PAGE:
What tools do I need to turn a small log (10in/ 25cm diameter) into 1/4″/6.5mm thick boards?

Bandsaw jig for small logs

If your log is green wood (freshly cut, or “wet”), you will need a bandsaw with a throat larger than 10″ (and capable of dealing with the irregularity in a long 10″ diameter log).

I would recommend (on the modest side) a 14″ – 18″ bandsaw like this one by Laguna Tools:

Laguna 18″ bandsaw

Then you would need a sled, or carriage to transport the log through the bandsaw.

This is a homemade log cutting jig for short logs: Super Simple Band Saw Log Sled, from Instructables.

Note that it uses a fence and fixed clamp to make even, straight cuts. If your log is longer, you will need to make a support or rails so it will slide evenly through the saw.

https://amzn.to/2ECgytEIf your logs are larger then 10″ and heavy, your best solution is to purchase a small sawmill.  This book is available on Amazon, and worth reading, so that you understand the principles and capabilities of a portable saw mill.

If the log is green, you have to allow for drying and shrinkage, so you may cut the pieces 1/2′ thick and then use a thickness planer to get it to the final 1/4″ thickness, after allowing the wood to dry to dry. (8–10% moisture content before planing). This is some good information on how to dry wood; Cutting And Drying Logs Into Boards – Woodworkers guild of America.

This is a typical wood thickness planer:

Thickness Planers are available from big box stores, Amazon, and eBay.

After the wood is sized to thickness, you will need a jointer and a table saw to clean up a long edge and square the board.

At this point your 1/4″ S4S (surfaced 4 sides) boards are ready for fabrication.

Some caveats: These are powerful machines, and caution must be exercised with each machining operation. Use protective gear like safety glasses, ear protection, dust protection, and gloves. Make sure you have all the machines setup and working correctly, and make test passes before machining all the wood, so the slabs will be uniform and true. (parallel sides).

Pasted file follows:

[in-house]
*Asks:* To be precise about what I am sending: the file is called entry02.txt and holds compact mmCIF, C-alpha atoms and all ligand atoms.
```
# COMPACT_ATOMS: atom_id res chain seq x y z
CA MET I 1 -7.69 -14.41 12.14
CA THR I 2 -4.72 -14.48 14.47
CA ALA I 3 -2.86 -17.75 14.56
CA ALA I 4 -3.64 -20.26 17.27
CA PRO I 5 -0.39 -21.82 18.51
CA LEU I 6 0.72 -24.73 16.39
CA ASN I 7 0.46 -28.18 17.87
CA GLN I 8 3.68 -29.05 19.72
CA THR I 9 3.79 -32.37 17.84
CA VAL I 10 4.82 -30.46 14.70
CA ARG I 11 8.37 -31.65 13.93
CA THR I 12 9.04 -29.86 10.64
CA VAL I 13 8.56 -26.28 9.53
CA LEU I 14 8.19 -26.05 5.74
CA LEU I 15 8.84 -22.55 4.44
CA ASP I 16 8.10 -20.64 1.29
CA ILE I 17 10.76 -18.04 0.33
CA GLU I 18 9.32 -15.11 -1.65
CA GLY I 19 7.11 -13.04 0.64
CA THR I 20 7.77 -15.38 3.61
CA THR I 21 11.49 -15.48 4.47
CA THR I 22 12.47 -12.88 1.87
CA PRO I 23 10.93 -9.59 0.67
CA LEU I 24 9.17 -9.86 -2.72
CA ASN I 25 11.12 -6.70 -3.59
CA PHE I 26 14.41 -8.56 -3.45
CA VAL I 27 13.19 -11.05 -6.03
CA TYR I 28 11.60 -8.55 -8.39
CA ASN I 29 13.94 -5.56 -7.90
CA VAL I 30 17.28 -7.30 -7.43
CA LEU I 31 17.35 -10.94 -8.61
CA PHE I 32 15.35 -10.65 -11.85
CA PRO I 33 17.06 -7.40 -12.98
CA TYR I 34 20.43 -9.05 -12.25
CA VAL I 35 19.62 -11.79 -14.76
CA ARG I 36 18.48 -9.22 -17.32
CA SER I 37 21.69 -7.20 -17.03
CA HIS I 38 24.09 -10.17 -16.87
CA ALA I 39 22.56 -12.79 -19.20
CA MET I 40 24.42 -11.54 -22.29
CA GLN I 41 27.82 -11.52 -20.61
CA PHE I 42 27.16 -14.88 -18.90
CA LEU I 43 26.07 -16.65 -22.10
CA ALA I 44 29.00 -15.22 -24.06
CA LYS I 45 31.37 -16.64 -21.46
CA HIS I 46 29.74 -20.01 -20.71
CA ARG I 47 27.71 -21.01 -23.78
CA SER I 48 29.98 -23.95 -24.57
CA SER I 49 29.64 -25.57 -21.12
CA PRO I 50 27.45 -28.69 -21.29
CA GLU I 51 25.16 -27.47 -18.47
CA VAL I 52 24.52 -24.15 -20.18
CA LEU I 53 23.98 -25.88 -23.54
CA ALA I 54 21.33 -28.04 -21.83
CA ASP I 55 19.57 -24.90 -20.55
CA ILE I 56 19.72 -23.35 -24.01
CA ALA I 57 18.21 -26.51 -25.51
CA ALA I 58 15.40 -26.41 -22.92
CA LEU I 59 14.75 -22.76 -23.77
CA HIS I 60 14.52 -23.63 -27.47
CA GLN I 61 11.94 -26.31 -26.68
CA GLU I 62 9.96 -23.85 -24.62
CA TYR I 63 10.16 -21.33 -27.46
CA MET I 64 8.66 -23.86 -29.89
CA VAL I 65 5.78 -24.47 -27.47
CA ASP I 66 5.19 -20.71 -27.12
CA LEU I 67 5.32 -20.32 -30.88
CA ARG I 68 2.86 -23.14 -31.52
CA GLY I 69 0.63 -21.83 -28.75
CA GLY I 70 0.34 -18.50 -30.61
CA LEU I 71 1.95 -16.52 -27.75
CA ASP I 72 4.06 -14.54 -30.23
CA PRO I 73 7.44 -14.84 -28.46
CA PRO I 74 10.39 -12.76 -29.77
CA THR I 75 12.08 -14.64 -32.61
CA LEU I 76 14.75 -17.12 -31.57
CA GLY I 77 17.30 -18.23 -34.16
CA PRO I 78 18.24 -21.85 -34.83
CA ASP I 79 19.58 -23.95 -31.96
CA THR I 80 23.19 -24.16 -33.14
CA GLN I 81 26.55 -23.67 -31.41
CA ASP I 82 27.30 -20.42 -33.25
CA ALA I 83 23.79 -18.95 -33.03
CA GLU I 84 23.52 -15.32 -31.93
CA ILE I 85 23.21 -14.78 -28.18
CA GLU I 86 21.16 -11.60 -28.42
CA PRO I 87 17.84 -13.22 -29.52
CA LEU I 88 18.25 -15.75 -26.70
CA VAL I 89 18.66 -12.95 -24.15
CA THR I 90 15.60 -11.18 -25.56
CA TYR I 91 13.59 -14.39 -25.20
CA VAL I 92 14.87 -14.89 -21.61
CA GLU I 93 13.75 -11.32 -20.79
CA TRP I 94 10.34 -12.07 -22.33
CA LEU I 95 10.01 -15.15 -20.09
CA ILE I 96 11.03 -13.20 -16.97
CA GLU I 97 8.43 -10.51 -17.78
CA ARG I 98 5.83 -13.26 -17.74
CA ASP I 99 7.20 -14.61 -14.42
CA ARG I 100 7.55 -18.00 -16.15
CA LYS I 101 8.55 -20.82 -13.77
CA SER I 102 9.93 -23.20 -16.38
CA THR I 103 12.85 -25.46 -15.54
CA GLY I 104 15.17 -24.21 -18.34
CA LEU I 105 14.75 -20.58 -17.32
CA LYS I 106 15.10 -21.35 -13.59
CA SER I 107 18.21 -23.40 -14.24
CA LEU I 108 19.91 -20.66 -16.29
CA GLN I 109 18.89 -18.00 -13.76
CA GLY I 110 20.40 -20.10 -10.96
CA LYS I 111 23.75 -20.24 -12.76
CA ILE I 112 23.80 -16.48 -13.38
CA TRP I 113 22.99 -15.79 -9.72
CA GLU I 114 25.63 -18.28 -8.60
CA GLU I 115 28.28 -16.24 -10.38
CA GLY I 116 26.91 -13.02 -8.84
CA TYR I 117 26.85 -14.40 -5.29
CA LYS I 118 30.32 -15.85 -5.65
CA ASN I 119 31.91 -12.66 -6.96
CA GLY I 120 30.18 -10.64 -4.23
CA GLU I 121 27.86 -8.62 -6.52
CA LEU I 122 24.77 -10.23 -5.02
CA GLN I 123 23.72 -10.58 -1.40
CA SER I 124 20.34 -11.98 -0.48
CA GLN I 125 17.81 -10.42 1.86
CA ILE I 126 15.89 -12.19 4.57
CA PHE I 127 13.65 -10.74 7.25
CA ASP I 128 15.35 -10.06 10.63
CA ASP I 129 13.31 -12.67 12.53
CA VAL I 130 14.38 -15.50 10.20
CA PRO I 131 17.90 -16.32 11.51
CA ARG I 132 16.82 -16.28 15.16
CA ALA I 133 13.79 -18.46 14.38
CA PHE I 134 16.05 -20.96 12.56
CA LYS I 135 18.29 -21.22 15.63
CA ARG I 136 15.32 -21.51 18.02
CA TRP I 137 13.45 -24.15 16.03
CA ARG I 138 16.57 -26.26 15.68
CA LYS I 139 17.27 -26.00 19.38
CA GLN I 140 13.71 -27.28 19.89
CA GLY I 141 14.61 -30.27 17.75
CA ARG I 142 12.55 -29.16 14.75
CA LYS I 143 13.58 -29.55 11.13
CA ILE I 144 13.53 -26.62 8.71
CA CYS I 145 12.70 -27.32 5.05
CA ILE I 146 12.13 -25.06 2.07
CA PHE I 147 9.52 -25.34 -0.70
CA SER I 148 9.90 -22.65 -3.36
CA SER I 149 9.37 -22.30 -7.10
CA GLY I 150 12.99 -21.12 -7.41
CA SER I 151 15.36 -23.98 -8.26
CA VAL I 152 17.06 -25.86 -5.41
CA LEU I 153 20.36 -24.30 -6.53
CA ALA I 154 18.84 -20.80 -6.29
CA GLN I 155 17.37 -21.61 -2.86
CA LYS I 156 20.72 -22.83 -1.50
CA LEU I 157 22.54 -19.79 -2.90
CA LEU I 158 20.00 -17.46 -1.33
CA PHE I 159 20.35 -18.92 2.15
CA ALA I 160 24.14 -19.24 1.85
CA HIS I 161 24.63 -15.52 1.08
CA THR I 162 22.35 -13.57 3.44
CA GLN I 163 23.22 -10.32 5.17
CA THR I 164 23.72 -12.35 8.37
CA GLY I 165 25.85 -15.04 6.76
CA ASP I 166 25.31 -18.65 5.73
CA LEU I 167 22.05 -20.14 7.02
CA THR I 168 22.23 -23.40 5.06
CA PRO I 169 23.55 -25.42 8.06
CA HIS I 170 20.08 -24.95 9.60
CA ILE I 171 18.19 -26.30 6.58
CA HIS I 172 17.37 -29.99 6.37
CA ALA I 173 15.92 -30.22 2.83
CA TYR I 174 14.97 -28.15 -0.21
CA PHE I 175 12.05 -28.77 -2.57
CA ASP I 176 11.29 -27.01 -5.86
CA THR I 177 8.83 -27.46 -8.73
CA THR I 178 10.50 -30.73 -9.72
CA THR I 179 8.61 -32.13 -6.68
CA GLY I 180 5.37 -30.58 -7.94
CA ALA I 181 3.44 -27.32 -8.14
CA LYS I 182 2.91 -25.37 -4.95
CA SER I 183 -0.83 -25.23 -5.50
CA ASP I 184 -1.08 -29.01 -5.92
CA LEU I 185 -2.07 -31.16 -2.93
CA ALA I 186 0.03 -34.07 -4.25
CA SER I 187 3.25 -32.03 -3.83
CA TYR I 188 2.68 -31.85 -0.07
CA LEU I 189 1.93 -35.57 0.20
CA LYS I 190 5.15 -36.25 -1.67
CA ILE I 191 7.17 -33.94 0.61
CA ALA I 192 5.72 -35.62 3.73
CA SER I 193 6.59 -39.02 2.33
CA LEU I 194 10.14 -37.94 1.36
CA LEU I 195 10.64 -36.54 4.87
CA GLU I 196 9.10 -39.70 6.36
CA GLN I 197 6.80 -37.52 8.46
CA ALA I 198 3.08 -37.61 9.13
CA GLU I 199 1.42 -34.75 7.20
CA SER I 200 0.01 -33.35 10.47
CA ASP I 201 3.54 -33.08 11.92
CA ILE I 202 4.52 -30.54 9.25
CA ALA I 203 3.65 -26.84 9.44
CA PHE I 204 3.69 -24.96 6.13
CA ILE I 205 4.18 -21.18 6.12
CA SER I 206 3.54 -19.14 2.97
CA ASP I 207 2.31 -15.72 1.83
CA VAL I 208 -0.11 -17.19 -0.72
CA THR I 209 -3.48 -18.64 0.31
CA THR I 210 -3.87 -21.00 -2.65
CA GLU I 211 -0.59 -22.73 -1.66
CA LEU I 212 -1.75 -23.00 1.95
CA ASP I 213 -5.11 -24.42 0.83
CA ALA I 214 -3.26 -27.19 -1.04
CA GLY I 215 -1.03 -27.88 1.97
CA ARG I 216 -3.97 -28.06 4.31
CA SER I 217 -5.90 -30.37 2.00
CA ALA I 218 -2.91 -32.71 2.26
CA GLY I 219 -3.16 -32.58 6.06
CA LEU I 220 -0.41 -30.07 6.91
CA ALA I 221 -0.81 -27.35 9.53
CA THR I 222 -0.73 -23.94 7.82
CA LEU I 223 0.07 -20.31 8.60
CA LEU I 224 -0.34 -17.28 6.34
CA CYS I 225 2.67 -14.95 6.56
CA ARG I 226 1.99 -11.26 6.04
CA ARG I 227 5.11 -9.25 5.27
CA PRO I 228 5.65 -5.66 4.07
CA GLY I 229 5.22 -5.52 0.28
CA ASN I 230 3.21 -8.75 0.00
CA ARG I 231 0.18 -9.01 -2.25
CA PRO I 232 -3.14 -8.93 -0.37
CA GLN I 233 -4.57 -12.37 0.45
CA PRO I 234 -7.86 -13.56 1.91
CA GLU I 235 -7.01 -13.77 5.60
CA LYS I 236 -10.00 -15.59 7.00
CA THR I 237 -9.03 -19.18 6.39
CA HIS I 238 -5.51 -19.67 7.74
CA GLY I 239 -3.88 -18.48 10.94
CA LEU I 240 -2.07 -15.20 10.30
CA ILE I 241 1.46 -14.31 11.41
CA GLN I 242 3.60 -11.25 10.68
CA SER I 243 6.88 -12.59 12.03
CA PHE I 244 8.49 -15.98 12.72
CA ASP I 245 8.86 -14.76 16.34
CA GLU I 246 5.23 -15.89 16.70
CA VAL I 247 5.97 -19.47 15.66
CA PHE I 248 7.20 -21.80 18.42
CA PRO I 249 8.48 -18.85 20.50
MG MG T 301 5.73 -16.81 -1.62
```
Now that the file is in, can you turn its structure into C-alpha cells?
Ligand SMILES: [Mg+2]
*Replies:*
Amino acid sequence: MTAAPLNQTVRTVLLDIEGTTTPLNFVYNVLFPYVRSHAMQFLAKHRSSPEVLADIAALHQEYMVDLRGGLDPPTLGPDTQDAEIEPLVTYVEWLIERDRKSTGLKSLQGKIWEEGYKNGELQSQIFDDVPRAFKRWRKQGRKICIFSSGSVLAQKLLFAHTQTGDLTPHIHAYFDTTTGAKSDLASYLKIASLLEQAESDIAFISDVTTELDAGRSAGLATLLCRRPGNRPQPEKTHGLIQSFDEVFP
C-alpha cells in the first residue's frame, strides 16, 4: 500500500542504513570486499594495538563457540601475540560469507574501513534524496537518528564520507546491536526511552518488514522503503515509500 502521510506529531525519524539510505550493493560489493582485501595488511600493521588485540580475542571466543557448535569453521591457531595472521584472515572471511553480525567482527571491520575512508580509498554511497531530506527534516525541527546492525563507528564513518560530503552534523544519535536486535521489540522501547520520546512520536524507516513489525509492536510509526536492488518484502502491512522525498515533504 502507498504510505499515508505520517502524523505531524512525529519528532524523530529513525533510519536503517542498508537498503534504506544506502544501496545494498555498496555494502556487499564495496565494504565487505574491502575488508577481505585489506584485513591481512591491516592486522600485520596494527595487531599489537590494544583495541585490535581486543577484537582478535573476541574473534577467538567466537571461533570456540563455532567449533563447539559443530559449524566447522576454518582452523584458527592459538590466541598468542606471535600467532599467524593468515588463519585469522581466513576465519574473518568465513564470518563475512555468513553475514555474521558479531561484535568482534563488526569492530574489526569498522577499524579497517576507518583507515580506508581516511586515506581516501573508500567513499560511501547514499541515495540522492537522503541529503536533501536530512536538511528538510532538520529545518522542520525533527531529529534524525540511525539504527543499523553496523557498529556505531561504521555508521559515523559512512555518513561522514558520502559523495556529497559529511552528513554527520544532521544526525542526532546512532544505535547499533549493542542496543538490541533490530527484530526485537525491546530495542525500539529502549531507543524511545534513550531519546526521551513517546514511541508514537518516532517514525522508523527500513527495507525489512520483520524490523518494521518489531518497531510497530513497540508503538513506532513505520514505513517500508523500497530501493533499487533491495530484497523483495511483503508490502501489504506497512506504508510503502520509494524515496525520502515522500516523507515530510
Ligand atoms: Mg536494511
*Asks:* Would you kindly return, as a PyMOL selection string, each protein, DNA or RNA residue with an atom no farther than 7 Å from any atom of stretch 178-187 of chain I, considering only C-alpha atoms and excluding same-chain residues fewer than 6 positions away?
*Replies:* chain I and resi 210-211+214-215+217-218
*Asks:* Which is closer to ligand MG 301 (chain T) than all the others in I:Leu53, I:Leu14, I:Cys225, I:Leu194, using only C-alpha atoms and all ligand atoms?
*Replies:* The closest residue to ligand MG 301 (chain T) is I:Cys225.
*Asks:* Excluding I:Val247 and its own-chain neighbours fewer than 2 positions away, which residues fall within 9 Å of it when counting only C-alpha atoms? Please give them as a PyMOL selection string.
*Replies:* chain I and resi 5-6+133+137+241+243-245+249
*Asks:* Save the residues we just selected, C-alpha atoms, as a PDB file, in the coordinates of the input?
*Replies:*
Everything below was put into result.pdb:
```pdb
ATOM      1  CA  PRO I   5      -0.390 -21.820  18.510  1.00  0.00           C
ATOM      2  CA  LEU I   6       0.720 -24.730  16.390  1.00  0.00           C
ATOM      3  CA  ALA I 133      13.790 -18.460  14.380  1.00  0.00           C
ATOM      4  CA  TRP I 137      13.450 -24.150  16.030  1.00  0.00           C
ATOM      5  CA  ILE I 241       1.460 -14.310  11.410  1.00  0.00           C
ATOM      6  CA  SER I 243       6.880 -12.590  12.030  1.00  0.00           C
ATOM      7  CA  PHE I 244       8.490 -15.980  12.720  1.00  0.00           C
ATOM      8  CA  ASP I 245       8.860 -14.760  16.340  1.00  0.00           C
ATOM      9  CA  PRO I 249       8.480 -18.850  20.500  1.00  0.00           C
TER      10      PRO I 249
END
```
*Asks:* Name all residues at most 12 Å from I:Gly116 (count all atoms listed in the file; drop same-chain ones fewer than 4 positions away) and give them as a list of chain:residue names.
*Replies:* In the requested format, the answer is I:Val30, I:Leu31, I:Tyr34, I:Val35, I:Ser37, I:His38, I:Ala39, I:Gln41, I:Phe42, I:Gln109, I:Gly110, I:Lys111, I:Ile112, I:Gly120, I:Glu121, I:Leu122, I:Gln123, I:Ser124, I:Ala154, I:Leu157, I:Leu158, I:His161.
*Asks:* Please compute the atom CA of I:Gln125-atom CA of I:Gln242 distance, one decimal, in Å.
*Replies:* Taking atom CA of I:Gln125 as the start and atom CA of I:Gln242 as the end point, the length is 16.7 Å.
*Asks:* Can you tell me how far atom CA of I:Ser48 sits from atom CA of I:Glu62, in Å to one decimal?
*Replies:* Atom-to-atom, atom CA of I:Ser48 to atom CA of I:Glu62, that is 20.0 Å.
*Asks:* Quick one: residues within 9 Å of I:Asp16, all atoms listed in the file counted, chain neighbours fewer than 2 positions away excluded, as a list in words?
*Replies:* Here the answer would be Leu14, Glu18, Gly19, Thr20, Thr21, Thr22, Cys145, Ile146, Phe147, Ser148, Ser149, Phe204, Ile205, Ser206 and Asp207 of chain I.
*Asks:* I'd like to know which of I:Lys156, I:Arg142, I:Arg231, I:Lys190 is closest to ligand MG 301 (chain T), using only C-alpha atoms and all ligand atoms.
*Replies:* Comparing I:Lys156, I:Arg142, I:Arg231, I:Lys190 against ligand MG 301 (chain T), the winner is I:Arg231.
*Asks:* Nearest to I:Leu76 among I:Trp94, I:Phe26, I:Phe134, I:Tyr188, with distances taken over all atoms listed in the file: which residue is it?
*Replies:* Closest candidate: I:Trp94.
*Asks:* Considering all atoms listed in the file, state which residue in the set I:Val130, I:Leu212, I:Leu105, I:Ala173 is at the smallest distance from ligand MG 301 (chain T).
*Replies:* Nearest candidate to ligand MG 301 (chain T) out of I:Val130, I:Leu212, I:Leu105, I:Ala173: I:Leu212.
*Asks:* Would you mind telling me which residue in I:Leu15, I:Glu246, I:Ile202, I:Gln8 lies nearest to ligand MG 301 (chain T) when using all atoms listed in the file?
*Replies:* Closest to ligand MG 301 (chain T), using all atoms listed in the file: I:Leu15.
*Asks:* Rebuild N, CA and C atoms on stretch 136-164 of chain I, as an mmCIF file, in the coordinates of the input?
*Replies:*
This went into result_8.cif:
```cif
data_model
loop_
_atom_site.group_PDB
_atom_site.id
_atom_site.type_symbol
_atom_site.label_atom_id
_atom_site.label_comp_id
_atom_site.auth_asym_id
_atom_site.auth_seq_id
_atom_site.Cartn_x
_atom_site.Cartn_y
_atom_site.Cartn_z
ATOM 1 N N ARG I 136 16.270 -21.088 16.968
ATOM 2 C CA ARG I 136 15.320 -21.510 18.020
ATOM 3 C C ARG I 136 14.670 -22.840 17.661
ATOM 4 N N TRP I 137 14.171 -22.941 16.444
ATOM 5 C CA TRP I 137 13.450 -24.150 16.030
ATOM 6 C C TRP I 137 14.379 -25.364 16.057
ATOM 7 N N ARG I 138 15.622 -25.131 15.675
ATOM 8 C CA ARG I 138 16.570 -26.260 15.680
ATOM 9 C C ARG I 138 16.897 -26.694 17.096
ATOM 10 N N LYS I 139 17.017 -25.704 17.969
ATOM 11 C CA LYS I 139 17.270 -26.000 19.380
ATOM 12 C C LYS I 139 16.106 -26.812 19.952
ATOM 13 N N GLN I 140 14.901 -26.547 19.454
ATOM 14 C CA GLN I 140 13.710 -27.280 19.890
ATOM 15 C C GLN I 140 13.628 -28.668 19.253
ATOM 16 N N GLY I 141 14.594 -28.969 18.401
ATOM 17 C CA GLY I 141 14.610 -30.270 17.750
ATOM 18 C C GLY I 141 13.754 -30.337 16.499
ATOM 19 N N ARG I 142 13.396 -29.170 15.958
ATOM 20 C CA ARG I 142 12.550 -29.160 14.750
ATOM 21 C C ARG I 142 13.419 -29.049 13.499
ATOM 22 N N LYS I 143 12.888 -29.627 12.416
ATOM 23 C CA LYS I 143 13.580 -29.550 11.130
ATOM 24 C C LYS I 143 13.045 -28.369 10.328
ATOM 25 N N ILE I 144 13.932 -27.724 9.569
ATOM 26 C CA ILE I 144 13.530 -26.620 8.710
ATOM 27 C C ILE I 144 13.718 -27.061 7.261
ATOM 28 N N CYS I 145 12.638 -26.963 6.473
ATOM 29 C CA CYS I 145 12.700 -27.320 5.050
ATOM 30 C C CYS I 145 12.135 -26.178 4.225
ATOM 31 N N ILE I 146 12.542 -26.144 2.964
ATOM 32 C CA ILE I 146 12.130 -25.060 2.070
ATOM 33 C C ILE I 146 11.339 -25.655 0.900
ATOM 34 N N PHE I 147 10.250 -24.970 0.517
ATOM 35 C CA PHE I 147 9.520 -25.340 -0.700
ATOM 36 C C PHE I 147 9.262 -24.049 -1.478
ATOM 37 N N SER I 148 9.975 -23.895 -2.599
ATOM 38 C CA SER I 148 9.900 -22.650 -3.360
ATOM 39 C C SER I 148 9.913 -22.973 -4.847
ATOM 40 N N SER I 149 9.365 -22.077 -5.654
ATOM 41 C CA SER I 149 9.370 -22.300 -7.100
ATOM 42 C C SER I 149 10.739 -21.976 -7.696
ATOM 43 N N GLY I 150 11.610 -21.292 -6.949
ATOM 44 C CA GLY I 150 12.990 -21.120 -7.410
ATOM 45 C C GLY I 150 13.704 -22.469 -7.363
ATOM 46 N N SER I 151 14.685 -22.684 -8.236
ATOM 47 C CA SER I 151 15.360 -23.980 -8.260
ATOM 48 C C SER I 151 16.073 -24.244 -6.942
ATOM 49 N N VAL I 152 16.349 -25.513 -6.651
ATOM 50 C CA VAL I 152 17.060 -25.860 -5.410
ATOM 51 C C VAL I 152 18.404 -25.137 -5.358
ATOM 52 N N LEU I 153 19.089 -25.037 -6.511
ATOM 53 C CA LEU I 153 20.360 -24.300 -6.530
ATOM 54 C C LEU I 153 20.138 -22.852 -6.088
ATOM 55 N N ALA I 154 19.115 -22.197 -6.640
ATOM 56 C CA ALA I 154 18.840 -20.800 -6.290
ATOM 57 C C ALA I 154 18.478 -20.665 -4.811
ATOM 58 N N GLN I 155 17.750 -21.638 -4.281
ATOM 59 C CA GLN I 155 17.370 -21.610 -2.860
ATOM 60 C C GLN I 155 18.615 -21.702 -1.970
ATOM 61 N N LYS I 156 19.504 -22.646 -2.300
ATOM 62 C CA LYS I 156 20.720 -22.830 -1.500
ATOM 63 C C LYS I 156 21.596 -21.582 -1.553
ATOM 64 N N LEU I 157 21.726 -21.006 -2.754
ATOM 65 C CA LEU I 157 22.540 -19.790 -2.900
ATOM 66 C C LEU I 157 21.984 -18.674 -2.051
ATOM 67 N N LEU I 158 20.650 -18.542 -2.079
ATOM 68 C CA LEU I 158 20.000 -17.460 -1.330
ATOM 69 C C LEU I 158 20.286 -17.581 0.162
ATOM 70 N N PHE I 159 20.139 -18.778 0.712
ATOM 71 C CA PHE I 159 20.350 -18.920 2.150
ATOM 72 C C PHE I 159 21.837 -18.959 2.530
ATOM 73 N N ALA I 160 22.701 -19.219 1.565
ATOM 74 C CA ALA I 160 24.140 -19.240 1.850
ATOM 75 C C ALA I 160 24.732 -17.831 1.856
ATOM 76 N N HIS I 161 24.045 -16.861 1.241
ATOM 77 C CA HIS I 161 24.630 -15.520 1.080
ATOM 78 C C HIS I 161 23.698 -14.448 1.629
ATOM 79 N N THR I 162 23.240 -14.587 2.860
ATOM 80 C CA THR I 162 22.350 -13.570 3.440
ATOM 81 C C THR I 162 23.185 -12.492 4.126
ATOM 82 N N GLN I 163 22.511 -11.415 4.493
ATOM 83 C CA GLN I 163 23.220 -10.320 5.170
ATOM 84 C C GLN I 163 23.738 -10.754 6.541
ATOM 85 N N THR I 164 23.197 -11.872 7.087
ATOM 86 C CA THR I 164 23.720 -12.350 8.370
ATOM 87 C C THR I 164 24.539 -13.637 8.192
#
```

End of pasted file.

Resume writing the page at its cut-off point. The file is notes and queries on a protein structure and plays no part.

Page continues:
Depending on your specific application, you may need a larger bandsaw, a tablesaw, a jointer, and more – especially if you make the jigs and supporting tables yourself.

Thank you for reading, and Have fun making your own boards from logs!

Disclaimer: I am a trained woodworker and have my own blog, The Chenkin Workshop

What gives a cleaner cut on plywood, a quality table saw, or a track saw?

I have to admit I have a bias here.

 Makita SP6000J1 6-1/2-Inch Plunge Circular Saw with Guide Rail

Makita SP6000J1 6-1/2-Inch Plunge Circular Saw with Guide Rail (aka “Track saw”)


If you are cutting LARGE sheets and have sawhorses (and a good “reach”), a track saw will be faster and easier than passing a 4′ x 8′ sheet of plywood over the blade of a table saw, and give a decent cut (provided the blade is sharp, with the correct number of teeth, and the operator is skilled).

For almost everything else, a properly aligned and set up table saw will do Much much more than a track saw. Here is my bias – I view a track saw as a “one trick pony”. I use an aluminium guide or a really straight board when I cut a plywood sheet. It’s fast and easy, and you can “dress” the edge afterwards. I also don’t have to store a single purpose tool just for these occasions – my skilsaw, guide, and clamps are easy to get to.

13 pointers for perfect plywood cuts – woodworking magazine

Bonus comment:

If you are cutting a lot of 4×8 sheets, the track saw can slow you down, compared to this baby:

Some of them even have a mount for a router, (or you can convert it), and you get very high quality cuts.
I owned a cabinet shop, and your plywood could slide vertically into this saw (it just takes up wall space), and you can stack the finished parts on a cart, ready for the next step

Little Giant PTC-2436-5PY Steel Panel Truck with Swivel Casters and Carpeted End, 1000 lbs Load Capacity, 24" Width x 36" Length

(banding/sanding/drilling). A decent panel saw costs more than a track saw, about as much as a good table saw.

Keep in mind that you have to determine what your shop does, when you consider the cost, and factor in any savings in time.

E. Emerson Tool Co. C50 50-Inch All-In-One Contractor Straight Edge Clamping Tool Guide

To Recap, either saw will cut clean if it has a sharp blade and is setup and used properly, but you have to determine your needs based on what you build. I have a bias towards the table saw and a good panel saw.

Best of luck with your cutting, and remember to wear a mask and eye protection!

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